Jon Henry, Untitled 13, Groveland Park, 2016.

The print sale putting Black photographers at its forefront

'See in Black' celebrates the work of over 80 Black image-makers and raises money for social justice nonprofits.

by Rolien Zonneveld
23 June 2020, 4:35pm

Jon Henry, Untitled 13, Groveland Park, 2016.

While it has been incredible to witness how the global creative community have really rallied around some very important causes over the last few months -- from supporting Covid-19 relief to fighting racial injustice -- it's vital that we continue to raise the voices of Black creatives. Black photographers, in particular, have been documenting life outside the white gaze for decades, playing a critical role in Black prosperity and acting as historians of Black life in its course.

It is for that reason that the latest print sale See in Black was created. Celebrating the work of over 80 Black photographers, it aims to help dismantle white supremacy and systemic oppression in the industry and beyond -- by giving 100% of the sale's proceeds to five social justice nonprofits: Know Your Rights Camp, Youth Empowerment Project, National Black Justice Coalition, Black Futures Lab and The Bail Project. According to the sale's founders, these organisations support five key pillars of Black advancement: civil rights, education and arts, intersectionality, community building and criminal justice reform.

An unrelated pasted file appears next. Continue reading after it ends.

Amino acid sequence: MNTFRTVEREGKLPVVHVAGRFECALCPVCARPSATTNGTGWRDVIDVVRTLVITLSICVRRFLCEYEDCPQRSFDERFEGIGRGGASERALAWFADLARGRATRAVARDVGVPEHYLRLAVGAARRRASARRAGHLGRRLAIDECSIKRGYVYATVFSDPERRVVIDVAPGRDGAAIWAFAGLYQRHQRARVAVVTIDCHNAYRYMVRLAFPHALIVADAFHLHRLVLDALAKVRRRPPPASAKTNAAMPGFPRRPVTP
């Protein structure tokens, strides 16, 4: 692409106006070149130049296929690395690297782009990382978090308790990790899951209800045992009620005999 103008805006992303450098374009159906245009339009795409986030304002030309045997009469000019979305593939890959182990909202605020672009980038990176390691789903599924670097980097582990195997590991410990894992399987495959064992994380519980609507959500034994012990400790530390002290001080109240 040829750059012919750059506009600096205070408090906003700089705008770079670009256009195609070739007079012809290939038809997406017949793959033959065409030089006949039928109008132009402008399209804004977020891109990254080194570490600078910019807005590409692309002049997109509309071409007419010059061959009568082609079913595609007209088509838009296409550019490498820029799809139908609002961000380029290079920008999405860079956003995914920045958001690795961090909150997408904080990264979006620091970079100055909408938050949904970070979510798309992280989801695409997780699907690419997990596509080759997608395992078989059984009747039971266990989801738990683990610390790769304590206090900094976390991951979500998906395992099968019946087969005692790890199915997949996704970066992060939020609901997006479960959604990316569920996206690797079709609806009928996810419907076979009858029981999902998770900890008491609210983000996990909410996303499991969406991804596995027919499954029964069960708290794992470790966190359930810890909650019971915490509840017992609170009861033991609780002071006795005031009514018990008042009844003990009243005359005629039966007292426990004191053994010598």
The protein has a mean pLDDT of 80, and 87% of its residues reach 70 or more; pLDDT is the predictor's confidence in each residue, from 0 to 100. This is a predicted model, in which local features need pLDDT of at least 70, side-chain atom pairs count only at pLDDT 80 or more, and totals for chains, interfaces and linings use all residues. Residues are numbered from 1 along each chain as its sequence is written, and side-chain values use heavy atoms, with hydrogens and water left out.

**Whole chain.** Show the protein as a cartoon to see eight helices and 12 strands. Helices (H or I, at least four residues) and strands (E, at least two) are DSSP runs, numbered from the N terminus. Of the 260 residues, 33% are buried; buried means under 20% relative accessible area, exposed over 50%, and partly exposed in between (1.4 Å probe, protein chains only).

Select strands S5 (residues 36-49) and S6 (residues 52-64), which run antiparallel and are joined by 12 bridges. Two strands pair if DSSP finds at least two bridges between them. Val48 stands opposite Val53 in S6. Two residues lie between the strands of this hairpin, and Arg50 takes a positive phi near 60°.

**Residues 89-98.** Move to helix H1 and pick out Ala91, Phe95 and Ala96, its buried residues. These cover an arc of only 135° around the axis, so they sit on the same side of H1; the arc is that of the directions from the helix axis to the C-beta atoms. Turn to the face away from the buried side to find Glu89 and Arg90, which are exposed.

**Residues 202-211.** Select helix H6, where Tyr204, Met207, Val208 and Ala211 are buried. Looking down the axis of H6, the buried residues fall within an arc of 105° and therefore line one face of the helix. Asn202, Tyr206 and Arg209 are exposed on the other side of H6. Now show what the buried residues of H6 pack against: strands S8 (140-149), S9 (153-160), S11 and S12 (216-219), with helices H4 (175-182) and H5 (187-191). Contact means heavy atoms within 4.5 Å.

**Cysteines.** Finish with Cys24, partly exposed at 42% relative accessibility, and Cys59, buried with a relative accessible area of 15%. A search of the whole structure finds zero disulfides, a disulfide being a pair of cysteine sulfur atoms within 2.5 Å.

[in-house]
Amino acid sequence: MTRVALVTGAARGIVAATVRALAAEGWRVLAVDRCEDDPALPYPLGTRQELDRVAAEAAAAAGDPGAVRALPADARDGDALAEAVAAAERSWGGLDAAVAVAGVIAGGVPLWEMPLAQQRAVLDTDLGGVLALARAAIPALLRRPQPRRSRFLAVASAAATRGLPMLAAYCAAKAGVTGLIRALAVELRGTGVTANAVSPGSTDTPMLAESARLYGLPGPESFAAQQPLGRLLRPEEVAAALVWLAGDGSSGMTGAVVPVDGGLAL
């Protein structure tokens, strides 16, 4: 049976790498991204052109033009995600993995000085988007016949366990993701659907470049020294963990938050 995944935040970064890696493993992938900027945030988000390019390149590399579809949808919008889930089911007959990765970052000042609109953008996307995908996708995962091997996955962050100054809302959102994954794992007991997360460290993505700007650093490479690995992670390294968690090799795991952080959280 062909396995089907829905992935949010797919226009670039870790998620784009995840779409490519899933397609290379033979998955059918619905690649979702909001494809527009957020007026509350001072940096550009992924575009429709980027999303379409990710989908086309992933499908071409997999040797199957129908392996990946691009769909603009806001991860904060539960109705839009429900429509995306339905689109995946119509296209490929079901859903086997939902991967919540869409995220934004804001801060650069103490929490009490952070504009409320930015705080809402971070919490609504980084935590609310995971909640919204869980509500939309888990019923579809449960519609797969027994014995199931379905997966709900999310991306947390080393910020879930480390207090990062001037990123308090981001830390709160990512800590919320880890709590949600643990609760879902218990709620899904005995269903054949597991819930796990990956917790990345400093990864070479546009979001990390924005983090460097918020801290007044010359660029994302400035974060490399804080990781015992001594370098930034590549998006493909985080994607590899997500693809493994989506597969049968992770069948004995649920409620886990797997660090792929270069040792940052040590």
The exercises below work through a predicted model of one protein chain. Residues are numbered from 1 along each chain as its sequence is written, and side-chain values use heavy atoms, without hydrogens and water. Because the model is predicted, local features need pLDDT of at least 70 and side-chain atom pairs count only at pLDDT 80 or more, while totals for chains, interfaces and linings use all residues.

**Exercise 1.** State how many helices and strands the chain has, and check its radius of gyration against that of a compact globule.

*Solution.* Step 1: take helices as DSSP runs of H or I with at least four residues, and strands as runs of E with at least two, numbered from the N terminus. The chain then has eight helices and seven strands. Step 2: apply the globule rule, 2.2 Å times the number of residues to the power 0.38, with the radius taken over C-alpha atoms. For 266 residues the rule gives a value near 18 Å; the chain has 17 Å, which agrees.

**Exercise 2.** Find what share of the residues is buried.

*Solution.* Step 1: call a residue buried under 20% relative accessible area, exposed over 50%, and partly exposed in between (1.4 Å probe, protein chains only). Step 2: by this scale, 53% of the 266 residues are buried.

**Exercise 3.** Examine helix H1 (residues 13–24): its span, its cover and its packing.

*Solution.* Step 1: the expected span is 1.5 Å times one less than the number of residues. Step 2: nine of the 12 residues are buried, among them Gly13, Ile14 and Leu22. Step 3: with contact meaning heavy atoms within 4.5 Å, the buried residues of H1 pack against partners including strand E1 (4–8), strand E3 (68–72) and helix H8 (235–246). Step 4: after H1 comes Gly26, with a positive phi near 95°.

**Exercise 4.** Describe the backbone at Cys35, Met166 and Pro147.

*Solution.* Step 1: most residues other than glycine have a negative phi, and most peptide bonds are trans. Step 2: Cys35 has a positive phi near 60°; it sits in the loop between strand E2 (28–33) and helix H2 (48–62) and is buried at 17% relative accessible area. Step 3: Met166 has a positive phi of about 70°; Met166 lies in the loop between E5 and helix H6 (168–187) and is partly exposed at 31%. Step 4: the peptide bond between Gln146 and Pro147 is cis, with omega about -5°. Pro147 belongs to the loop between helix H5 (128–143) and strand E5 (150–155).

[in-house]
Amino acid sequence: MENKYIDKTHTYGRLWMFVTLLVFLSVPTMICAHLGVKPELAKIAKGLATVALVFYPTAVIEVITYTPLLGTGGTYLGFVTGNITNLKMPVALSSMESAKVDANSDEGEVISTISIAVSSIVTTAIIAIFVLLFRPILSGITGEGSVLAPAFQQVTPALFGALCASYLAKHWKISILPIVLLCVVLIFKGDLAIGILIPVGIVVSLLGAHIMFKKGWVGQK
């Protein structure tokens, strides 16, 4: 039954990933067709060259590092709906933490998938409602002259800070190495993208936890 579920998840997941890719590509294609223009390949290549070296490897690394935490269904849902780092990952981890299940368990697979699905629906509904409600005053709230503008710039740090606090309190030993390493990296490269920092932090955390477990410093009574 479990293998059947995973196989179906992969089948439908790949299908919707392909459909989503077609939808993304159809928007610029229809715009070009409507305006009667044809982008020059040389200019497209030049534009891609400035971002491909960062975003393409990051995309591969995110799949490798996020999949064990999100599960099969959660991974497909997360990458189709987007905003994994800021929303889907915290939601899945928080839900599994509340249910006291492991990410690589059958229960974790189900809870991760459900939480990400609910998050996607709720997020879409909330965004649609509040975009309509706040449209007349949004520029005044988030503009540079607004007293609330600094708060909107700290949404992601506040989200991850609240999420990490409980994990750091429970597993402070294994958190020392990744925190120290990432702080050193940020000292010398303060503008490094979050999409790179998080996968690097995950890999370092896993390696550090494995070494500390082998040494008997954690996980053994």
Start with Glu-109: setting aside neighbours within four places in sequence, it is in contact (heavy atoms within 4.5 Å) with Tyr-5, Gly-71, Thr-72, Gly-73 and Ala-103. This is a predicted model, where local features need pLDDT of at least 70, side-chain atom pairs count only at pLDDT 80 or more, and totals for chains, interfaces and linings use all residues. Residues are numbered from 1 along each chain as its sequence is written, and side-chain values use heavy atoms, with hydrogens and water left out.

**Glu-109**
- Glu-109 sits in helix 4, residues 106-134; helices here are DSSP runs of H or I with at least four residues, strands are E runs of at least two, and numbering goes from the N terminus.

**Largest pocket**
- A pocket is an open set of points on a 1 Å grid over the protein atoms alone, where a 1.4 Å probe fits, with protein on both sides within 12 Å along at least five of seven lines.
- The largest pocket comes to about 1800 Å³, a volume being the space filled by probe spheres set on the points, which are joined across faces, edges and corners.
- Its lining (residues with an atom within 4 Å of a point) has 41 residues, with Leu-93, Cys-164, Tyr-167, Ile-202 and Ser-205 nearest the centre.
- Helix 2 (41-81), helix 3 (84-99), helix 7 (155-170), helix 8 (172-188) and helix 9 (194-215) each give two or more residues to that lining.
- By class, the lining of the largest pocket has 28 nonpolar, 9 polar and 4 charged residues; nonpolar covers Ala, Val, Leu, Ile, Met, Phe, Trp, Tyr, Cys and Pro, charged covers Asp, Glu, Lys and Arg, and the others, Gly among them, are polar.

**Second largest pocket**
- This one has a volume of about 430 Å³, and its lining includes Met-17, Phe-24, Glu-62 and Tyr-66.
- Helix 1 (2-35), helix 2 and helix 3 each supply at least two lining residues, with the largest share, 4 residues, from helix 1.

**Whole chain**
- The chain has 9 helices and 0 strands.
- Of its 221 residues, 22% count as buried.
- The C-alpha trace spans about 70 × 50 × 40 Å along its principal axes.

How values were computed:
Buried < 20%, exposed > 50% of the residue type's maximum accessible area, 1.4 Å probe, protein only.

“We wanted to find organisations that did a plethora of things for specific communities, but also national communities — different intersections that need outreach, and need more eyes upon what they do and how people can help,” co-founder Micaiah Carter says in a press statement. “With Covid-19 being such a pandemic, [this is] putting more attention on the movement, because people have more time to focus. It's great to see everyone come together and show a vision of America — Black America, that is.”

Works for sale include those by many emerging talents and some of i-D's favourites, among them Joshua Woods, Renell Medrano and Arielle Bobb-Willis. "As Black photographers we have the responsibility to put out truthful images of ourselves that may or may not stem from our own experiences, but reflect the greater community," co-founder Joshua Kissi says. "Creativity — especially in respect to photography — has this beautiful way of often starting with an artist, but ultimately reflecting humanity.”

Prints from artists will be available from now until July 3, at 100% of profits will go towards the aforementioned charitable funds.

Arielle Bobb-Willis, New-Jersey, 2017
Micaiah Carter.
Joshua Woods.
Renell Medrano, Untitled, 2018.
Kennedi Carter.
Laurent B. Chevalier, Dwine And Sons.
Joshua Kissi, Nola.
Adrian Octavius-Walker, Breath.
Black Lives Matter
print sale
See in Black